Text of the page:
Archive for March, 2011


Any writer who can so completely capture the essence of cowness, even in translation (here by Sondra Silverston) is most certainly worth reading, and I am entirely pleased to make the acquaintance of Israeli novelist Amos Oz. Never mind that this airy little story of 2005, which the author describes as “A fable for all ages,” is almost certainly merely a footnote to Oz’s work, barely reflecting what I understand to be the seriousness of his major work, let alone the outspoken commitment of his political writings. It is still a story worth reading once for its charm and twice for its meaning.

March 21, 2011 · Judi Clark · No Comments
Tags: ,  · Posted in: Allegory/Fable, Speculative (Beyond Reality), World Lit

CRASHED by Tim Hallinan

Well-known for his Simeon Grist and Poke Rafferty Bangkok series, Tim Hallinan introduces a new series character in CRASHED. Junior Bender is a top-of-the-line crook, hired for specific jobs, and pretty much working when his child support payments come due. Junior is also a private investigator, and most of the time, he works for the down-and-out, the underdog and/or those who can’t defend themselves. In essence, he’s a burglar with a good heart.

March 20, 2011 · Judi Clark · No Comments
Tags: ,  · Posted in: 2011 Favorites, Humorous, Sleuths Series

THE SENTRY by Robert Crais

The latest and 14th installment of Robert Crais’s Elvis Cole/Joe Pike crime fiction series is THE SENTRY, denominated “A Joe Pike Novel.” THE SENTRY is the third Pike book of the series, the other eleven being Elvis Cole novels. Pike, the ex-marine, ex-LAPD officer, ex-mercenary for hire (for the right cause), is forever stoic and withdrawn, except the issues that affect him are more in the forefront…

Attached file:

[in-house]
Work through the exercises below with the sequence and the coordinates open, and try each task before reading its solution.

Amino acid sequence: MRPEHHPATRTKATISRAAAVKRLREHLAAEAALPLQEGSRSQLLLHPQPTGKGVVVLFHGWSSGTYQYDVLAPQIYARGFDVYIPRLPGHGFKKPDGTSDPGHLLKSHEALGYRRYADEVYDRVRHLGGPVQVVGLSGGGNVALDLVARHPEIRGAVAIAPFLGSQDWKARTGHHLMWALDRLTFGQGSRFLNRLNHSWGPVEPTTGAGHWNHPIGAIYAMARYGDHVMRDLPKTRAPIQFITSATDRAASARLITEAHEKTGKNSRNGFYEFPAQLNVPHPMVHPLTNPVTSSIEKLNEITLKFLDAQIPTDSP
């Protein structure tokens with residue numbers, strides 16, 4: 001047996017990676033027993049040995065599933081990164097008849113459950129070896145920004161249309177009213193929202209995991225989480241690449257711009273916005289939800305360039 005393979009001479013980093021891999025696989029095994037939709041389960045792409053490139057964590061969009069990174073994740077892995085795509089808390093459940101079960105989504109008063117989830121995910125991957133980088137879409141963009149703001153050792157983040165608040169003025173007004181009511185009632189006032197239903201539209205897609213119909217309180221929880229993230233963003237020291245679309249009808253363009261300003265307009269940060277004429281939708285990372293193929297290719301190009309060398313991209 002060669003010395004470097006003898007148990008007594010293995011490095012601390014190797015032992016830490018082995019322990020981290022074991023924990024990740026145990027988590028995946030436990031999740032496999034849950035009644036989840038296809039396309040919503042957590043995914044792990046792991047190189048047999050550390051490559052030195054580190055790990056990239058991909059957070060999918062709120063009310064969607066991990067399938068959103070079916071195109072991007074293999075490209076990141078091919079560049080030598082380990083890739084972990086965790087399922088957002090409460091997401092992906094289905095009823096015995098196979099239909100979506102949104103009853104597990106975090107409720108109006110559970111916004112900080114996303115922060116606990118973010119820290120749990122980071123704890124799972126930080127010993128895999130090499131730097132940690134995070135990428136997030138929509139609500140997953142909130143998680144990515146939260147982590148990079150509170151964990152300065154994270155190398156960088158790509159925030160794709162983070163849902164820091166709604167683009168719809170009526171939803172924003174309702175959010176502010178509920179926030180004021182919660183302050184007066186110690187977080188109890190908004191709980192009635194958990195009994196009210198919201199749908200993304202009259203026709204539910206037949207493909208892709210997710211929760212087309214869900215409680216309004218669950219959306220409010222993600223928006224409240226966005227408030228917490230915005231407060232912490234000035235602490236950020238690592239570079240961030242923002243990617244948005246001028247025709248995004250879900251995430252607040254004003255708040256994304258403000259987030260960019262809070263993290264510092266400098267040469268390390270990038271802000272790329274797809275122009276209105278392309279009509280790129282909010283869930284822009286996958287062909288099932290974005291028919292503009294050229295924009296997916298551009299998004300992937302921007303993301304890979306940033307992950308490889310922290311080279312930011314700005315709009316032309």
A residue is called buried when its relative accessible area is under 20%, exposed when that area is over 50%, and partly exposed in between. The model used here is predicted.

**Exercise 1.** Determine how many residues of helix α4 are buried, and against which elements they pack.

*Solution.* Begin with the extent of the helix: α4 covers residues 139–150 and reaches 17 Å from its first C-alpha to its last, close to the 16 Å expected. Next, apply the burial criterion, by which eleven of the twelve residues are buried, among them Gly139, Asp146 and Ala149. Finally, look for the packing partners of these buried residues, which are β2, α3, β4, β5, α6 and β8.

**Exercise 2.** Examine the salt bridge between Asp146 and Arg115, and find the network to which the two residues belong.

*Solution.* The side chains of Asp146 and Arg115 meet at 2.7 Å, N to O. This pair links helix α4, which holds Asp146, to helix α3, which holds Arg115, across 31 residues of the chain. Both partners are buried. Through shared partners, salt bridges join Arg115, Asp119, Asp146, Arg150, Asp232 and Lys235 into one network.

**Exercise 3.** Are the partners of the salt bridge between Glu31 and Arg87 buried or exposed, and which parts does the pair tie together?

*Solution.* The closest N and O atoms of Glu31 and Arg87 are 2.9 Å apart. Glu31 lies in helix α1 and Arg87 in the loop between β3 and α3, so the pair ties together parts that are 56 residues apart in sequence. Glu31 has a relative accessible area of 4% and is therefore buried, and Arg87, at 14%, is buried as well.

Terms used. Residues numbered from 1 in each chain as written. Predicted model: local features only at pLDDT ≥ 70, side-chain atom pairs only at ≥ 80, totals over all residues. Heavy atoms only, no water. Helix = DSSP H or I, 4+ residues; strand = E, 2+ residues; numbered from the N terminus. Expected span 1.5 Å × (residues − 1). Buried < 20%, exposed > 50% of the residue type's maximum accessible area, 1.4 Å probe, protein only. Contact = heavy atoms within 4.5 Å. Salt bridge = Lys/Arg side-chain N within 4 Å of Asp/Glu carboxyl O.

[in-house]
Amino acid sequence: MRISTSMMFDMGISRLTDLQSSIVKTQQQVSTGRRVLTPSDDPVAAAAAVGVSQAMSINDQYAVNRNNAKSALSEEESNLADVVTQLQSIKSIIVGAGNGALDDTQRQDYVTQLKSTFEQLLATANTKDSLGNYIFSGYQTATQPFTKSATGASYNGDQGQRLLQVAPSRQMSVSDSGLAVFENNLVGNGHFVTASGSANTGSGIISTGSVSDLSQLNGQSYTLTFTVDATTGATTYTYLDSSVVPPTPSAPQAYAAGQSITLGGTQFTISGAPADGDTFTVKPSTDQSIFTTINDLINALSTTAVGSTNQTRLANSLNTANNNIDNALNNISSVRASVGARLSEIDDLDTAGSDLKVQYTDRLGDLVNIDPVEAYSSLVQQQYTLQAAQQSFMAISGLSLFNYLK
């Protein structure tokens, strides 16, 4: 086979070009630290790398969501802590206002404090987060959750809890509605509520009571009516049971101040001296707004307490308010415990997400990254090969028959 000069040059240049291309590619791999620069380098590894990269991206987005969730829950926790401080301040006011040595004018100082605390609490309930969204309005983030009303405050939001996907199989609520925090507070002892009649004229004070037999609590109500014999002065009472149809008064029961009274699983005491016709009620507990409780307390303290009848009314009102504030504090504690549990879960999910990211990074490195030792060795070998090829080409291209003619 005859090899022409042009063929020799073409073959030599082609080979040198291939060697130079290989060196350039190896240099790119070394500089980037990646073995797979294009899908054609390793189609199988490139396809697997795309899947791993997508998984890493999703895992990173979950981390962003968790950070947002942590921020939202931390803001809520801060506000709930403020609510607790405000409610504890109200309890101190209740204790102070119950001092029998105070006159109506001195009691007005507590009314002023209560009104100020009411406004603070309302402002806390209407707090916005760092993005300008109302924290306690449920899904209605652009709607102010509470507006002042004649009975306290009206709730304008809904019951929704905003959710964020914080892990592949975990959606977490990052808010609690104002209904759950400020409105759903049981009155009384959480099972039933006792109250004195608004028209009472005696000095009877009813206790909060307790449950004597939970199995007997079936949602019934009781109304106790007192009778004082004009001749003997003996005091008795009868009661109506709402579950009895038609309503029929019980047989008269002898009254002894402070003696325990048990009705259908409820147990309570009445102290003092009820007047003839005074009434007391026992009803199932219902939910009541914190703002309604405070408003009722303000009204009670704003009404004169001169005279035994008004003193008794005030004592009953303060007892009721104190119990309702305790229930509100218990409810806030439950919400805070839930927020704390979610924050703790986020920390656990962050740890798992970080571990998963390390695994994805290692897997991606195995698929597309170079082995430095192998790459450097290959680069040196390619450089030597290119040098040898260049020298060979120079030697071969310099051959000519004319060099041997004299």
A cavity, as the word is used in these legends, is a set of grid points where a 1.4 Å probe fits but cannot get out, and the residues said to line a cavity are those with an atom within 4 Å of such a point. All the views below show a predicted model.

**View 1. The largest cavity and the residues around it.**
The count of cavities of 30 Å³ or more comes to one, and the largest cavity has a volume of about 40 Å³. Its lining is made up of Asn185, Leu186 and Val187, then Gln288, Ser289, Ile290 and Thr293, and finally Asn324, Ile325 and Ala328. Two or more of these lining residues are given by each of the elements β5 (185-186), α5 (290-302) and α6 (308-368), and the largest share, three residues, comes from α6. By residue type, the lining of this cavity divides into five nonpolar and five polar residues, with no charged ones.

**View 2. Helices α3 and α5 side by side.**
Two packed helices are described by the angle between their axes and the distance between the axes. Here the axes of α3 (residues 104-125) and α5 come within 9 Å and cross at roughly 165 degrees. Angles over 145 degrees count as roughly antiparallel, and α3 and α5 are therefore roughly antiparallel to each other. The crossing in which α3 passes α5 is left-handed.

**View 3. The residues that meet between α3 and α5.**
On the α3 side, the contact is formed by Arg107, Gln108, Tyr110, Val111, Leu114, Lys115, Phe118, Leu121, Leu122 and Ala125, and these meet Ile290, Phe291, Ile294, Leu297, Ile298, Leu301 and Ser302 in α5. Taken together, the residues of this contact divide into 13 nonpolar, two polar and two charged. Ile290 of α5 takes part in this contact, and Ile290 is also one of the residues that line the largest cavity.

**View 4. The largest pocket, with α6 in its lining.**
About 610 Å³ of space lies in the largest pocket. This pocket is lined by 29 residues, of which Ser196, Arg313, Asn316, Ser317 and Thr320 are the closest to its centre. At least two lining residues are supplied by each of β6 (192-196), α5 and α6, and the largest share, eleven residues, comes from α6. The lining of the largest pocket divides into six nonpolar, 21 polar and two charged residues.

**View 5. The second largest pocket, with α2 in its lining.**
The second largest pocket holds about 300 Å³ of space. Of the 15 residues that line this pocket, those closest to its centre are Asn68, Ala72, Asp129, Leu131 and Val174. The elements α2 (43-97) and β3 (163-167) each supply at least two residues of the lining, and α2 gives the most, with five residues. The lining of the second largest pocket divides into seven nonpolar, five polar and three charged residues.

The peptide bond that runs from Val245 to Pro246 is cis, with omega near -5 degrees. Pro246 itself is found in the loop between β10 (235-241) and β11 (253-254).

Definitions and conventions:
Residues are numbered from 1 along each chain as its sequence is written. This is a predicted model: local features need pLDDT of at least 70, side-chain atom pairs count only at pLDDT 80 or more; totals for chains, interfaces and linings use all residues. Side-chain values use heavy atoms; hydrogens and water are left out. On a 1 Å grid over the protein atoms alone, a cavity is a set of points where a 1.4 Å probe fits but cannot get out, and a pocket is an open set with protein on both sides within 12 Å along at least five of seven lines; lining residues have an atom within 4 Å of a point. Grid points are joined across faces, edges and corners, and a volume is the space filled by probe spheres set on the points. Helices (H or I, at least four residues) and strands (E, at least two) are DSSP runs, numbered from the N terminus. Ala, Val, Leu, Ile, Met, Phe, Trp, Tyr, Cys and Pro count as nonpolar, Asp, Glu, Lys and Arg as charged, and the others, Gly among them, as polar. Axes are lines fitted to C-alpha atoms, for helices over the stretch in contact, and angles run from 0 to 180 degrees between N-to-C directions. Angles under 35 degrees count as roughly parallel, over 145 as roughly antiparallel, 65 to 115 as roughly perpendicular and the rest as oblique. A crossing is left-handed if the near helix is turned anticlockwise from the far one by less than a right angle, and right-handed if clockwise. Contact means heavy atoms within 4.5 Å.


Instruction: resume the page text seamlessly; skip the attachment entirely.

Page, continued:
March 19, 2011 · Judi Clark · No Comments
Tags: ,  · Posted in: California, Character Driven, Sleuths Series, Thriller/Spy/Caper, y Award Winning Author

NUDE WALKER by Bathsheba Monk

THE NUDE WALKER in Bathsheba Monk’s entertaining read is Barbara Warren, a schizophrenic who tends to walk around downtown Warrenside in the buff when she’s off her meds. The Warrens were once the industrial scions in Warrenside, a fictional town in Pennsylvania. As the town, which used to be the center of the booming steel industry, gradually went into decline, so too rusted the fortunes of the Warrens. These days, Barbara isolates herself in the past, clinging on to memories of the glory days and worrying (because nobody else will, she says) that by 2012, European Americans would be the minority in town.

March 18, 2011 · Judi Clark · Comments Closed
Tags: , , ,  · Posted in: Class - Race - Gender, Contemporary, Debut Novel, Reading Guide, US Mid-Atlantic

LUCIFER’S TEARS by James Thompson

Kari Vaara is back on the job. After taking a bullet to the face in his last book, Snow Angels, he is back to working on new cases as a police detective with his partner Milo. As Lucifer’s Tears opens, Kari is assigned two investigations. One involves a murder and the other is bringing an alleged war criminal from World War II to justice. Meanwhile, Kari’s wife, Kate, is eight and a half months pregnant with a baby girl. After losing twins in her last pregnancy, both Kate and Kari are very apprehensive and nervous that everything goes right this time. Both of them feel responsible for their prior loss. Kate has invited her brother and sister over to Finland from the United States to be there for the birth and this creates a whole new set of problems for Kari.

March 17, 2011 · Judi Clark · One Comment
Tags:  · Posted in: Family Matters, Iceland, Sleuths Series, Thriller/Spy/Caper, World Lit


Jack Tartarus comes to his family house on Crab bent on destruction. What follows instead is a reconstruction of his life on this small island near Vancouver, a reuniting of family and neighbors, a closer understanding of those who have died, and the forging of new bonds.

March 16, 2011 · Judi Clark · No Comments
Tags: ,  · Posted in: Canada, Contemporary, Drift-of-Life, Family Matters